MIST

Magnetosphere, Ionosphere and Solar-Terrestrial

Latest news

2021 Astronomy Grants

The closing date for the 2021 Astronomy Grants Round is 4th March 2021. Submissions are accepted from now. The Astronomy Guidelines for Applicants have been revised and can be found via the links below (the PDF with the full guidance is available under the ‘who can apply’ section on both pages):

Applicants should ensure they have read the guidelines in detail and contact the office with any queries ahead of submission.

Key points or revisions from the 2020 guidelines have been briefly summarised below for information:

  • Page Limits – The page limit per project has been simplified and is no longer based on a requested FTE calculation.
  • Applicant/Project FTE – There has been a change to the upper limit for requested applicant FTE (25%, not including PI management time). The guidance for total FTE requests per project has also been updated and must be strictly adhered to.
  • Outreach Projects – Clarification on the page limit for outreach projects/outreach funding.
  • Pathways to Impact – UKRI removed the requirement to submit a pathways to impact plan in March 2020; however applicants should still consider impact as part of their case for support (see guidelines for further information).
  • Publications Table – Updates to the information required in the publications table.

New groups submitting their first consolidated grant proposal or those considering a consortium proposal are advised to inform the office ahead of submitting to the closing date. If you have any queries please contact This email address is being protected from spambots. You need JavaScript enabled to view it. or This email address is being protected from spambots. You need JavaScript enabled to view it..

2020 Space Census

MIST members are invited to submit to the 2020 Space Census!

The 2020 Space Census is the first national survey of the UK space workforce. It is a 5-10 minute anonymous online demographic survey of individuals for anyone working in the UK space sector in any capacity. The results will be used to improve what it’s like to work in the sector, to tackle discrimination, and to make the sector more attractive to new recruits.

More information about the Census, along with answers to commonly asked questions, can be found here.

The UK Space Agency’s press release about the Census can be found here.

STFC Policy Internship Scheme now open

This year has proved the critical importance of science having a voice within Parliament. But how does scientific evidence come to the attention of policy makers? If you are a STFC-funded PhD student, you can experience this first-hand through our Policy Internship Scheme, which has just opened for applications for 2020/21. During these three-month placements, students are hosted either at the Parliamentary Office of Science and Technology (POST) or the Government Office for Science (GO Science).

POST is an independent office of the Houses of Parliament which provides impartial evidence reviews on topical scientific issues to MPs and Peers. Interns at POST will research, draft, edit and publish a briefing paper summarising the evidence base on an important or emerging scientific issue. GO Science works to ensure that Government policies and decisions are informed by the best scientific evidence and strategic long-term thinking. Placements at GO Science are likely to involve undertaking research, drafting briefing notes and background papers, and organising workshops and meetings.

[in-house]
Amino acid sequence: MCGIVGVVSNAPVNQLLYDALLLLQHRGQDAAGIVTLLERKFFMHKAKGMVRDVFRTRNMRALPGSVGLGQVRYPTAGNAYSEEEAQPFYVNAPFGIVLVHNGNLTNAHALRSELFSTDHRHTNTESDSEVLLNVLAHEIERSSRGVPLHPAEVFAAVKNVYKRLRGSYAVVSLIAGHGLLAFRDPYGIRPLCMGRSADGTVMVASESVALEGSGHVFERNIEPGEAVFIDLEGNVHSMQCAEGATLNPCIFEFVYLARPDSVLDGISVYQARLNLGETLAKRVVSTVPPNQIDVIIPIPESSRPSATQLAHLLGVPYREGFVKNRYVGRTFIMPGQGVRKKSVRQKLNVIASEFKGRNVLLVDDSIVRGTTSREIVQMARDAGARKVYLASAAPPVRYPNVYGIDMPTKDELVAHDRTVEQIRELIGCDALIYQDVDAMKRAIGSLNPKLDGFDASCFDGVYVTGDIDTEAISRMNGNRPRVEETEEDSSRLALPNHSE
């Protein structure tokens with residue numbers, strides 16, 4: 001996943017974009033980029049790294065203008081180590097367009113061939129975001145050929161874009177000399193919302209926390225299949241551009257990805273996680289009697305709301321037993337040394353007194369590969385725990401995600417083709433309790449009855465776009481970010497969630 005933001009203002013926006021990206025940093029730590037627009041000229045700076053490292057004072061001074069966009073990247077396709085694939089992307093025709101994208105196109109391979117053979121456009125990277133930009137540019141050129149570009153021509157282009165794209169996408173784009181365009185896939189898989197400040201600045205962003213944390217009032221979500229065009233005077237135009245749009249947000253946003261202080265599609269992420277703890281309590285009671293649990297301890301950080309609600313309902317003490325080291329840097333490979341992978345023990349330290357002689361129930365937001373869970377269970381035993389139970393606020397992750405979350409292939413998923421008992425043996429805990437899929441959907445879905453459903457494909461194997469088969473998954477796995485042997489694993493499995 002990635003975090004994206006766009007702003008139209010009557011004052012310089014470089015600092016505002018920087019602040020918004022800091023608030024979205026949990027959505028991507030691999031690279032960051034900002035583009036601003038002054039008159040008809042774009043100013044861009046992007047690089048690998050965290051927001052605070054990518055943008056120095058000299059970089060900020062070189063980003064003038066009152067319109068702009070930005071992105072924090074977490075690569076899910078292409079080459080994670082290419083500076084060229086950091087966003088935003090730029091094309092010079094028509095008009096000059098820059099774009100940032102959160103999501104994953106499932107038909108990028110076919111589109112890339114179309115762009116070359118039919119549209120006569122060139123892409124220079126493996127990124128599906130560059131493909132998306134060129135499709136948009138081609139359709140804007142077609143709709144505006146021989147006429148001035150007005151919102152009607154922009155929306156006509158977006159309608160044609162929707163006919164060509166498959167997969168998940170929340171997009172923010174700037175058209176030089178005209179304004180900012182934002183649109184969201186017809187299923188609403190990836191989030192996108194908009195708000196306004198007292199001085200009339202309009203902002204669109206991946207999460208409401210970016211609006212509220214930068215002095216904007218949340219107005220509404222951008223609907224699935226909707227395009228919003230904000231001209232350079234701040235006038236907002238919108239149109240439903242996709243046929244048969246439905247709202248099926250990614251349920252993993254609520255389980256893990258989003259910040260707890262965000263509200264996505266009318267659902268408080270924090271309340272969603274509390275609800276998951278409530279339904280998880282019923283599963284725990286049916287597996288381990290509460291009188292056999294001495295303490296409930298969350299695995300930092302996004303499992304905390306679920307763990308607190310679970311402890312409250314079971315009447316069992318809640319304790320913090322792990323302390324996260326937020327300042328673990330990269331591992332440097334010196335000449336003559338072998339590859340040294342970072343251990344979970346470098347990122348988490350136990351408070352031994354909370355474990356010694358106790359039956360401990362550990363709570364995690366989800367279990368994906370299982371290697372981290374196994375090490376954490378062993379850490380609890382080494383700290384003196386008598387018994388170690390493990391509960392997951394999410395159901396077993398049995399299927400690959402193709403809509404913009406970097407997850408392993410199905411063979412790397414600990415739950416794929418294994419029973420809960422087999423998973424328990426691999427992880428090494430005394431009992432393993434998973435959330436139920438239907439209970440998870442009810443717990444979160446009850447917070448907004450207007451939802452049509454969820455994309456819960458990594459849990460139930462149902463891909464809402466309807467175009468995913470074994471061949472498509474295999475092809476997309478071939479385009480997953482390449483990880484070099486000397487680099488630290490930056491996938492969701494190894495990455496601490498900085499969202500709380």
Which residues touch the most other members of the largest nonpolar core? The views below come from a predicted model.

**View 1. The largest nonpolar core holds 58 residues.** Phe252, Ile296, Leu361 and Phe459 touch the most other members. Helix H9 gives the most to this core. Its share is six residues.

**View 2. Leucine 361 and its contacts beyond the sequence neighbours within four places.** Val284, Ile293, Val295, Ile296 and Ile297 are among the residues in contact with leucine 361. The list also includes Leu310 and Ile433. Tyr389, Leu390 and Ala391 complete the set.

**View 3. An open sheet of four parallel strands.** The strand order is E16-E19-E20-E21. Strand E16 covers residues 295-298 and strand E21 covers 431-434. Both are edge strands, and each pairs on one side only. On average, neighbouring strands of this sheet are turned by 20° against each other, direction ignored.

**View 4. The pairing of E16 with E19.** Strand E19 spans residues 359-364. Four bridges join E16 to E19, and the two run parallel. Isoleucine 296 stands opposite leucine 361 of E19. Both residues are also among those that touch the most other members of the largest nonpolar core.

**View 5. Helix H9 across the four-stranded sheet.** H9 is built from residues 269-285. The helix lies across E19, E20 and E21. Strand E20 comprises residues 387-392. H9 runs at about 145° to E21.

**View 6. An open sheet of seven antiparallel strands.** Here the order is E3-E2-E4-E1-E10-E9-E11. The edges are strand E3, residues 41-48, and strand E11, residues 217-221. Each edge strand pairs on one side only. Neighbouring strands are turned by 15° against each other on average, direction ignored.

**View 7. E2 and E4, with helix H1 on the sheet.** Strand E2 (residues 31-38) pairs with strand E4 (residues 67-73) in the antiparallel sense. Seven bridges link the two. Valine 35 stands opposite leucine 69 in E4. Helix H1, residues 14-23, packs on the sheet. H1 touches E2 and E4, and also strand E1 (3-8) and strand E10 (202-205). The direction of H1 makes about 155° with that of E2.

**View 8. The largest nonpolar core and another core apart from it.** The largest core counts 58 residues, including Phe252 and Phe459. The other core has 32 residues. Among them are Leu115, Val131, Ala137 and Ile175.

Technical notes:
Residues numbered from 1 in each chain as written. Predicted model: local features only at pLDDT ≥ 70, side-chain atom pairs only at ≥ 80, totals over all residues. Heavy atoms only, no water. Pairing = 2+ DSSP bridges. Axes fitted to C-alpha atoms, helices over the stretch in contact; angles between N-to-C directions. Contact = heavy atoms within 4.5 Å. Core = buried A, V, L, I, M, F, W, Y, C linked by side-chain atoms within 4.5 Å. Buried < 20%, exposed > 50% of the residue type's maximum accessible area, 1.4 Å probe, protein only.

The scheme offers a unique opportunity to experience the heart of UK policy making and to explore careers within the science-policy interface. The placements are fully funded and successful applicants will receive a three-month extension to their final PhD deadline.

For full information and to see case studies of previous interns, please see our website. The closing date is 10 September 2020 at 16.00.

Applied Sciences special issue: Dynamical processes in space plasmas

 

Applied Sciences is to publish a special issue on the topic of dynamical processes in space plasmas which is being guest edited by Georgious Nicolaou. Submissions are welcome until 31 March 2021, and submission instructions for authors can be found on the journal website. For general questions, This email address is being protected from spambots. You need JavaScript enabled to view it..

MIST elections in 2020

The election for the next MIST councillors opens today, and will run until 23:59 on 31 July 2020. The candidates are Michaela Mooney, Matt Owens, and Jasmine Kaur Sandhu. 

If you are subscribed to this mailing list you should receive a bespoke link which will let you vote on the MIST website, which will be sent by This email address is being protected from spambots. You need JavaScript enabled to view it.. If you don’t receive this link, please check your junk folder! The candidates’ platforms are on the voting platform, and also reproduced below for your convenience. 

Michaela Mooney

I’m a final year PhD student at MSSL standing for MIST Council as a student representative. During my PhD, I’ve been actively engaged in the department as a Student Rep in the Staff Student Consultation Committee and in the Equality, Diversity and Inclusion Committee. I’m an active member of the MIST research community through proposals for RAS Discussion meetings and NAM sessions on geomagnetic activity. 

My main goals as a MIST Council representative would be to:

  • lobby funding bodies to reduce the impact of the pandemic on PhD students.
  • facilitate the organisation of virtual conferences and careers days to ensure that students continue to have opportunities to present research and access to careers information.
  • support good practises in equality, diversity and inclusion within the MIST community.